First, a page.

Bears wide receiver Kevin White leaves no doubt: 'It’s got to happen now'

Bears wide receiver Kevin White leaves no doubt: 'It’s got to happen now'

Four games over the span of two years. That has been the NFL “career” of Kevin White, chosen seventh overall by the Bears in the 2015 draft. That’s little more than what the Bears got from Juaquin Iglesias, the same as they realized from Jarron Gilbert and less than Evan Rodriguez gave them in those players’ single, eminently forgettable year as Bears.

White did manage to move out to lead the Bears in pass receptions last year before the second of his season-ending leg injuries occurred. Maybe it was a tease, maybe (the Bears hope) a foreshadowing. Either way, White is unequivocal about the significance of 2017 as he and the Bears work through their OTA’s and minicamp leading into the break before training camp:

“It's got to happen now,” White said on Tuesday, a day that saw him participate fully in practice. “I've got to turn it up. You know even in year one, year two, I always want to turn it up and show what I can do.

“So to me, year three, it's time.”

“Time.” That’s the thing with White now.

He is returning under a closely monitored program, which has meant not taking part in every offseason practice. Yet that comes with its own peril, that of not fast-tracking a talented wide receiver who needs playing time to stretch and hone his abilities.

Now White, with franchise-grade natural speed, has the added task of re-learning elements of the act of running itself.

“You could say that I've just got to train the body again,” White said. “Fixing things, correcting things and just getting back to it. Overall I'm not worried about it, everything takes time but I feel pretty good.”

The Bears were cautious with White and his stress fracture of the 2015 offseason. A surgery in June would have allowed him to be back playing by midseason, but the early decision was to be conservative, turning to surgery only when the injury failed to heal sufficiently on its own.

Now a third offseason has as one of its central questions the development of a player projected to be one of the foundation pillars of the team by this time.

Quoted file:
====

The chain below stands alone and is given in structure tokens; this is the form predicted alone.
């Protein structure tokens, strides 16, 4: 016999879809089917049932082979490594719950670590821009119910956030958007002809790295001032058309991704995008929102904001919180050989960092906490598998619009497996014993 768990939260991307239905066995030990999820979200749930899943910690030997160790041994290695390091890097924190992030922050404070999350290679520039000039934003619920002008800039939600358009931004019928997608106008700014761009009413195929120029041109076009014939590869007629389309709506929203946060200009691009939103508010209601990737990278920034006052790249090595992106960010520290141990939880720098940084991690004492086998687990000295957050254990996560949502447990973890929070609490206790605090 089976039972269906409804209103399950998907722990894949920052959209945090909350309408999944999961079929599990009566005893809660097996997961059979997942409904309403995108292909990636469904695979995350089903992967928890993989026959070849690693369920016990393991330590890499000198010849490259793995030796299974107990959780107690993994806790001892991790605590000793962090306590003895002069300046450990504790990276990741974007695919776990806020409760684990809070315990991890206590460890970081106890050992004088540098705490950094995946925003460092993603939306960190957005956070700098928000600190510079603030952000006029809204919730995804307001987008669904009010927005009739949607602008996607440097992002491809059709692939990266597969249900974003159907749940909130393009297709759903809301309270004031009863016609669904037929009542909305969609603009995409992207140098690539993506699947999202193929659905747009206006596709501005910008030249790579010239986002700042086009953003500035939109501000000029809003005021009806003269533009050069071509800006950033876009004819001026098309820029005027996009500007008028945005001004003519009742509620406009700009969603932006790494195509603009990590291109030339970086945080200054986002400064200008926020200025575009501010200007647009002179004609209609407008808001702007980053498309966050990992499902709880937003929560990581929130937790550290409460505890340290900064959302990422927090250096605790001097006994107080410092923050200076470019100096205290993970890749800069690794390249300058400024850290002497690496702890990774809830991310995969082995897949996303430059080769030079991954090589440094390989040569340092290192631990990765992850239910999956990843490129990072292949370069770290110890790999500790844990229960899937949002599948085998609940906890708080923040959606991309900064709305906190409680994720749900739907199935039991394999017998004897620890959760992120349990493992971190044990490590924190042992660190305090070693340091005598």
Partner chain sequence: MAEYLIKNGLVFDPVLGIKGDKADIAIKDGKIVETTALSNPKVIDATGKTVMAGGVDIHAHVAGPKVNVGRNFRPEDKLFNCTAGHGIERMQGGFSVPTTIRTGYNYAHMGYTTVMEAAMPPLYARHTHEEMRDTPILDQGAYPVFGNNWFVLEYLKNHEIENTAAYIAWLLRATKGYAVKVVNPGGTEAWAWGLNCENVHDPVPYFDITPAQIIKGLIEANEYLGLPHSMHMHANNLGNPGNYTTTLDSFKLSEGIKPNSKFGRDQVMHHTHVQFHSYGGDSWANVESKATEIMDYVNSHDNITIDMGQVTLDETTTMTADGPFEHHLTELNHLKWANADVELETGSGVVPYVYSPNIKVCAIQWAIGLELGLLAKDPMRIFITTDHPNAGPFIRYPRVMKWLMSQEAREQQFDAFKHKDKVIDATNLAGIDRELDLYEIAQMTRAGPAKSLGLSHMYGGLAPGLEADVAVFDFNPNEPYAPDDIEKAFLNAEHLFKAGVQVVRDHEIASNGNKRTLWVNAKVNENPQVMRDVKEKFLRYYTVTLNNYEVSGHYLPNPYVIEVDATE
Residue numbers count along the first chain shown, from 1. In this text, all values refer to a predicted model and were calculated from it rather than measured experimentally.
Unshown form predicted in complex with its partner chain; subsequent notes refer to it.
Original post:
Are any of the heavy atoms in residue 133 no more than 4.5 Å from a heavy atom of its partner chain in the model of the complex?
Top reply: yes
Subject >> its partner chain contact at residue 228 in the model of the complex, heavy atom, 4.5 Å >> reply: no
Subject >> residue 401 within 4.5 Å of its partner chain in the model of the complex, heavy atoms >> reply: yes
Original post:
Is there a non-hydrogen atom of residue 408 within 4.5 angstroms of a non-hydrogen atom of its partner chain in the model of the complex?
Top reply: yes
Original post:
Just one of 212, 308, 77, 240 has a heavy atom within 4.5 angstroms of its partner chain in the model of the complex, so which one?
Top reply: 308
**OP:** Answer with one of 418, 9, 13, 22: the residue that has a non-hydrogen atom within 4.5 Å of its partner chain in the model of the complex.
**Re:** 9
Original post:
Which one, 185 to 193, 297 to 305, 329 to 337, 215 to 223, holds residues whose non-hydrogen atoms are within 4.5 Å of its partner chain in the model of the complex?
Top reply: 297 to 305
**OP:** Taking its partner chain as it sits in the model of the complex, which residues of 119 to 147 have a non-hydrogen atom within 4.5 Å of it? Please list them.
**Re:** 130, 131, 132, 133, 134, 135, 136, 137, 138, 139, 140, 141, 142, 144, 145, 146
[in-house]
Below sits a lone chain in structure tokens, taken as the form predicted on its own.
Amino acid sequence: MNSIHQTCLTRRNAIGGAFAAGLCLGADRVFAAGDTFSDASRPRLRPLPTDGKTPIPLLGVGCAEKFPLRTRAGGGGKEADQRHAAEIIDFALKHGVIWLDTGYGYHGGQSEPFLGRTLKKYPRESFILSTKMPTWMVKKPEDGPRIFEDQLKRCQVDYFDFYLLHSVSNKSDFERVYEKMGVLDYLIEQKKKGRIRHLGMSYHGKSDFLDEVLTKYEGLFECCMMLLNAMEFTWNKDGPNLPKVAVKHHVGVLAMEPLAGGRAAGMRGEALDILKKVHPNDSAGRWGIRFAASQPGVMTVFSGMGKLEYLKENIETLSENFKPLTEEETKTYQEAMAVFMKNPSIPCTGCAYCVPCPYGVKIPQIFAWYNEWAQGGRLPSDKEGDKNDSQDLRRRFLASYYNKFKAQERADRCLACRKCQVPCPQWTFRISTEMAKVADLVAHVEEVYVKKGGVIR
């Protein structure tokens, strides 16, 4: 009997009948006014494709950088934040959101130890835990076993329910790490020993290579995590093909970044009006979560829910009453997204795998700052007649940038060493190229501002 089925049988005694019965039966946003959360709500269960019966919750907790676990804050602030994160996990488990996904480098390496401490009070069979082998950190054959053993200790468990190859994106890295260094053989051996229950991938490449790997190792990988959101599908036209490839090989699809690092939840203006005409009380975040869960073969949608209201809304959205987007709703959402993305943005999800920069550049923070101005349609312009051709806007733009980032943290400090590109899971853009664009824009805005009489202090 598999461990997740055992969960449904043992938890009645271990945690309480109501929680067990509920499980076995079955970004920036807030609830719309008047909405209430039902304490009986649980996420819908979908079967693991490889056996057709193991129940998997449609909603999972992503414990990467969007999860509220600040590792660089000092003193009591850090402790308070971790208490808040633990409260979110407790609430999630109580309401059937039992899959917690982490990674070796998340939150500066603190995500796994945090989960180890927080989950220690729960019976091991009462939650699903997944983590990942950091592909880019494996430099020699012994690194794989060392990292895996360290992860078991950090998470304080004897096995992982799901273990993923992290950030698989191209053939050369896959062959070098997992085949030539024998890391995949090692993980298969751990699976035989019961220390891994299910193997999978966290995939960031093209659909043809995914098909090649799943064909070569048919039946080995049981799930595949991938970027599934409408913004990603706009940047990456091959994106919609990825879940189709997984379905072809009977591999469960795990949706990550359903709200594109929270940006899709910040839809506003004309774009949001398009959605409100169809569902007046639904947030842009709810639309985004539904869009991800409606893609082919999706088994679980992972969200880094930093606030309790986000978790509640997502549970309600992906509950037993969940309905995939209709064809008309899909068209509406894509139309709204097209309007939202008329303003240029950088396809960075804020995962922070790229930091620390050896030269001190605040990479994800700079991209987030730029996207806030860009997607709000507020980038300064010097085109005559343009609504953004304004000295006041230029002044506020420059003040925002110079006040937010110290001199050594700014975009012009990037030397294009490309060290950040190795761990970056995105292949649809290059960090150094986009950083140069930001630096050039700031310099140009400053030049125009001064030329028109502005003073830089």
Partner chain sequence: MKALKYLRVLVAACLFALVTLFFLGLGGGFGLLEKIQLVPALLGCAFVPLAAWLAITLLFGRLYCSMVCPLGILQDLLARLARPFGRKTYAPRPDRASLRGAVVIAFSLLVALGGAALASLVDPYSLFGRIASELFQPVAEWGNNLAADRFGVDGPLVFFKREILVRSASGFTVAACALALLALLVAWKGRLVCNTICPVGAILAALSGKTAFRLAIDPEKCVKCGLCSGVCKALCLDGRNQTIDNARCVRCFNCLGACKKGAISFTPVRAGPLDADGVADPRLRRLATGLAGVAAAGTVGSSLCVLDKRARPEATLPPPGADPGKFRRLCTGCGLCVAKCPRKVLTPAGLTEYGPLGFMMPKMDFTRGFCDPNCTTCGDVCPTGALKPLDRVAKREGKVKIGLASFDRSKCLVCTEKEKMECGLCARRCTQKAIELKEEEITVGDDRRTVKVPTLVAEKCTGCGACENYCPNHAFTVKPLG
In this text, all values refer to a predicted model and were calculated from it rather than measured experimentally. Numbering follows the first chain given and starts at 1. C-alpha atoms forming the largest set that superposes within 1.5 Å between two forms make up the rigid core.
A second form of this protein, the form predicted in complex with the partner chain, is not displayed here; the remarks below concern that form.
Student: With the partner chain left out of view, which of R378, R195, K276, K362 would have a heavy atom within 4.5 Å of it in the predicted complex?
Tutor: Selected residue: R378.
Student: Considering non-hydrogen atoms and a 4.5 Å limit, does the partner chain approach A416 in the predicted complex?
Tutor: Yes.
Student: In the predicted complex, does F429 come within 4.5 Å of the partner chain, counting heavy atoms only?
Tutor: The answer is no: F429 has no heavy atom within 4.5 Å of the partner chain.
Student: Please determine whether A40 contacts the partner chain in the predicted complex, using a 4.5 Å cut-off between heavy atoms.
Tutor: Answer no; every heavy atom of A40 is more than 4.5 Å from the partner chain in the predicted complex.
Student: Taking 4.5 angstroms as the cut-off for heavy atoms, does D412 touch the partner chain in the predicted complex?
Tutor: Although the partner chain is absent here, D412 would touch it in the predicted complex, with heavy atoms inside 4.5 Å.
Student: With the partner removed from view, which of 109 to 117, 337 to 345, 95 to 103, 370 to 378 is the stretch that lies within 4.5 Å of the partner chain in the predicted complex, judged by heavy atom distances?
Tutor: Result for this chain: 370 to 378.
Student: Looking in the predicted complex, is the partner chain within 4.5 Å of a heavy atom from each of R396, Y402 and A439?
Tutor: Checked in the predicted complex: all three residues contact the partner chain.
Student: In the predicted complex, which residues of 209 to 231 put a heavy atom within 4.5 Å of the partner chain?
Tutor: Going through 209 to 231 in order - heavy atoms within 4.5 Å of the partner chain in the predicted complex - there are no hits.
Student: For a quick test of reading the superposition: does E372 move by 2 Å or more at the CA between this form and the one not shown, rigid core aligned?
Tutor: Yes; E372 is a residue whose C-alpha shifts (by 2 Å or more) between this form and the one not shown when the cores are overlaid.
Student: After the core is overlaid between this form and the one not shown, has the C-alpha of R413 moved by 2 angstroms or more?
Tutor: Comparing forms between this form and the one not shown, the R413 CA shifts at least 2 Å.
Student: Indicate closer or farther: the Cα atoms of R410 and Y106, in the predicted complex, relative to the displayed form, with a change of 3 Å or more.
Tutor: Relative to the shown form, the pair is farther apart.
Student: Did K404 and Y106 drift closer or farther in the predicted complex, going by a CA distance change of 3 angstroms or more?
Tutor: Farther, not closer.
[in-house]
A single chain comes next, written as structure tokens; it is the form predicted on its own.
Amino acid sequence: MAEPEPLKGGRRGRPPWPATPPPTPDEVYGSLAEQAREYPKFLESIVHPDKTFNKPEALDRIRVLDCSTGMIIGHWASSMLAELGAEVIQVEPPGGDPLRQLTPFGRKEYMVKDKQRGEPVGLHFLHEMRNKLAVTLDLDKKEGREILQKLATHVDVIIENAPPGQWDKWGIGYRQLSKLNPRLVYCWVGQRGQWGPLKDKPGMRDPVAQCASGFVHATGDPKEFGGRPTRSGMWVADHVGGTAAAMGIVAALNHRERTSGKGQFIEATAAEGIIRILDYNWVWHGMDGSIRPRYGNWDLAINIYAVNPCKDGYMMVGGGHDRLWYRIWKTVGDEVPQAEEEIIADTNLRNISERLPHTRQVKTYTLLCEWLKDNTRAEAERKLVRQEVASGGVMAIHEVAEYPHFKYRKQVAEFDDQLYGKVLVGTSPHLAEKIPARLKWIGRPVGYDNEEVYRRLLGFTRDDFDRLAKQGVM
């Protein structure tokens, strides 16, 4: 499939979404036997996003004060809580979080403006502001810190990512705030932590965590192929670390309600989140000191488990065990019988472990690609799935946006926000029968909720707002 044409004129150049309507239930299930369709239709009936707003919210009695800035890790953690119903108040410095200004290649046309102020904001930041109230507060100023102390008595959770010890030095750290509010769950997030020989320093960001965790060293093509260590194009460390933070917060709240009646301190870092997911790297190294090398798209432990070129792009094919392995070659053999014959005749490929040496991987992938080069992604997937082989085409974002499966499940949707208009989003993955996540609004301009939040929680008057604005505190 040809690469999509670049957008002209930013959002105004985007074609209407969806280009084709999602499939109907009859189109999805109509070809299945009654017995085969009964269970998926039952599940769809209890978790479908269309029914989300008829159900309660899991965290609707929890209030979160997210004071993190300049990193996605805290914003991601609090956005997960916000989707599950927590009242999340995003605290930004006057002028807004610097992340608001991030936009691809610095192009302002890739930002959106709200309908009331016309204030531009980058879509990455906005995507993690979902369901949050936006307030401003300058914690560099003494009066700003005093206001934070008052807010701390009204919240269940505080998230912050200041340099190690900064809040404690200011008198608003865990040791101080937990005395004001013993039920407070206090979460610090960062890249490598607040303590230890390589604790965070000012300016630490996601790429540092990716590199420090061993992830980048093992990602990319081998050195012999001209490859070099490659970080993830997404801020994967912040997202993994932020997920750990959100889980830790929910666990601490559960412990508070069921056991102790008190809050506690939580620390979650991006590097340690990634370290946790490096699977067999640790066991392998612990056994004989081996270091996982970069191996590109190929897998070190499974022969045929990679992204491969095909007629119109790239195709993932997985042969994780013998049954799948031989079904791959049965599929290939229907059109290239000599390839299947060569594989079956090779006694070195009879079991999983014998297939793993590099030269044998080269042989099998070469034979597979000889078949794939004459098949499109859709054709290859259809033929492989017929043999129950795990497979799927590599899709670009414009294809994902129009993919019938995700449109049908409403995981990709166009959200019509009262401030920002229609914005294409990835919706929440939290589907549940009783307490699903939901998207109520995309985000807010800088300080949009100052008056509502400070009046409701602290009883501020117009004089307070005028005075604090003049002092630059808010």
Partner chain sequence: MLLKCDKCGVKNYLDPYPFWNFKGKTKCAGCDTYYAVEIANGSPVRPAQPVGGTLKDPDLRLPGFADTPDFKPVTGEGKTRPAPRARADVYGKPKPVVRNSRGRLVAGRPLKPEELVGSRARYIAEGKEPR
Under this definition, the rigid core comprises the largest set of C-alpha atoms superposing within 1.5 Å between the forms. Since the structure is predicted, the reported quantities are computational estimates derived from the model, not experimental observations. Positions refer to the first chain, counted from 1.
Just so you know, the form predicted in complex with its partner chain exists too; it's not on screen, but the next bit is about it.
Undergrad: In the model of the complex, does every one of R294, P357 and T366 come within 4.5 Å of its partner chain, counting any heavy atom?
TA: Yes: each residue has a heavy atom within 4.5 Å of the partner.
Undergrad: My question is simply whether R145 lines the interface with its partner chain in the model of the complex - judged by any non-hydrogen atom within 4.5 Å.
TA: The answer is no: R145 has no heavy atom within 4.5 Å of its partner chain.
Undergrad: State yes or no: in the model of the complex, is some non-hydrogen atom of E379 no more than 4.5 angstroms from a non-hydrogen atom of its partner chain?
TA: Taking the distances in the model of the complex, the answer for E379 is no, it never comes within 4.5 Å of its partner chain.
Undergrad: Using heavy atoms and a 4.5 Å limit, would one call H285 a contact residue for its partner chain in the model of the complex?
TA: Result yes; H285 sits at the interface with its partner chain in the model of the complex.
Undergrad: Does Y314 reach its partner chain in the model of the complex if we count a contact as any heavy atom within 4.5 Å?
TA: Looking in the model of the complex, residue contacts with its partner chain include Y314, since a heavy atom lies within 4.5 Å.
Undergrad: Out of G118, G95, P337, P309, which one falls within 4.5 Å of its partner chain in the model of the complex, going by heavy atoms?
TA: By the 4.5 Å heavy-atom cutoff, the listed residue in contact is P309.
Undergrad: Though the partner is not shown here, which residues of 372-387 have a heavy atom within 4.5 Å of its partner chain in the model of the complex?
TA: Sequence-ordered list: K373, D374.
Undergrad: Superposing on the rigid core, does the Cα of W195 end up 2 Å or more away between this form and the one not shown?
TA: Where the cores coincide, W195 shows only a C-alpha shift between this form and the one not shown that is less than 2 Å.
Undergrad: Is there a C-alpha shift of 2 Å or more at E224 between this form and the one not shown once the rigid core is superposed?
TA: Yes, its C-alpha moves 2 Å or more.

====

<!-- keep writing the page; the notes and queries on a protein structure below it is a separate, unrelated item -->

If there is a positive, it is that White considers himself a better receiver now than when he came to the Bears out of West Virginia.

“I think that’s common sense,” White said. “The knowledge I have, coaches I have around me.”

The time White has around those coaches remains the key.

Will Joel Iyiegbuniwe be a surprise starter for the Bears in 2020?

Will Joel Iyiegbuniwe be a surprise starter for the Bears in 2020?

July and August are fun months for football fans. It's the time of year when we predict season records and evaluate which teams have the best starting lineups. But all of those predicted wins and the depth chart breakdowns rarely come to fruition because of one harsh reality in the NFL: injuries.

The teams that are the best prepared to deal with injuries, those with good depth, are the ones that often stay in the playoff mix the longest. For the Bears, their depth at inside linebacker was a critical factor in their ability to stay afloat in 2019. Nick Kwiatkoski's impressive play off the bench (for both Roquan Smith and Danny Trevathan) resulted in a big payday from the Raiders in free agency. But now that he's gone, does Chicago have anyone to replace him?

The answer could lie in Joel Iyiegbuniwe, the former 2018 fourth-round pick. It'd be a huge leap of faith by the Bears, considering Iyiegbuniwe has played just 27 snaps on defense over the last two seasons (including a whopping three in 2019, per Pro Football Focus). We simply don't know who he is as a pro despite his strong college tape as a rangy linebacker who packs a punch. 

Consider this fact: The Bears haven't added an inside linebacker in free agency or the 2020 NFL draft. It's just Iyiegbuniwe and Josh Woods. Maybe Barkevious Mingo? His fit is on the edge, but he could probably log a few snaps inside at this point in his career too.

The Bears' depth will be tested this season, especially with the unpredictability of COVID-19. Backups will be more important than they probably ever have been, which is why a player like Iyiegbuniwe has to rise to the occasion and give the Bears another talented and ascending option at linebacker.

Cole Kmet looks like a beast in Bears' home uniform

Cole Kmet looks like a beast in Bears' home uniform

Big shoutout to the Chicago Bears social media team for sharing how they so perfectly placed second-round pick Cole Kmet in the team's home kit. 

First, take a look at Kmet's fresh No. 85. The comparisons to Rob Gronkowski suddenly got real:

How'd the Bears make such a clean jersey swap? They shared their process on Twitter. Check it out:

Kmet is expected to play a significant role for the Bears' offense in 2020, even if he begins his rookie year behind Jimmy Graham on the team's tight end pecking order. Graham's status as an experienced veteran who's had success as a receiver will make him the first choice among tight ends in (insert quarterback here) progressions, but Kmet's upside should result in early-season opportunities, especially in the red zone.

Graham's best days are behind him, while Kmet is just getting started. If he brings more juice to the offense (and it becomes obvious from the get-go), the Bears will waste little time promoting him.

It's easy to envision that No. 85 scoring a bunch of touchdowns at Soldier Field in the not-too-distant future.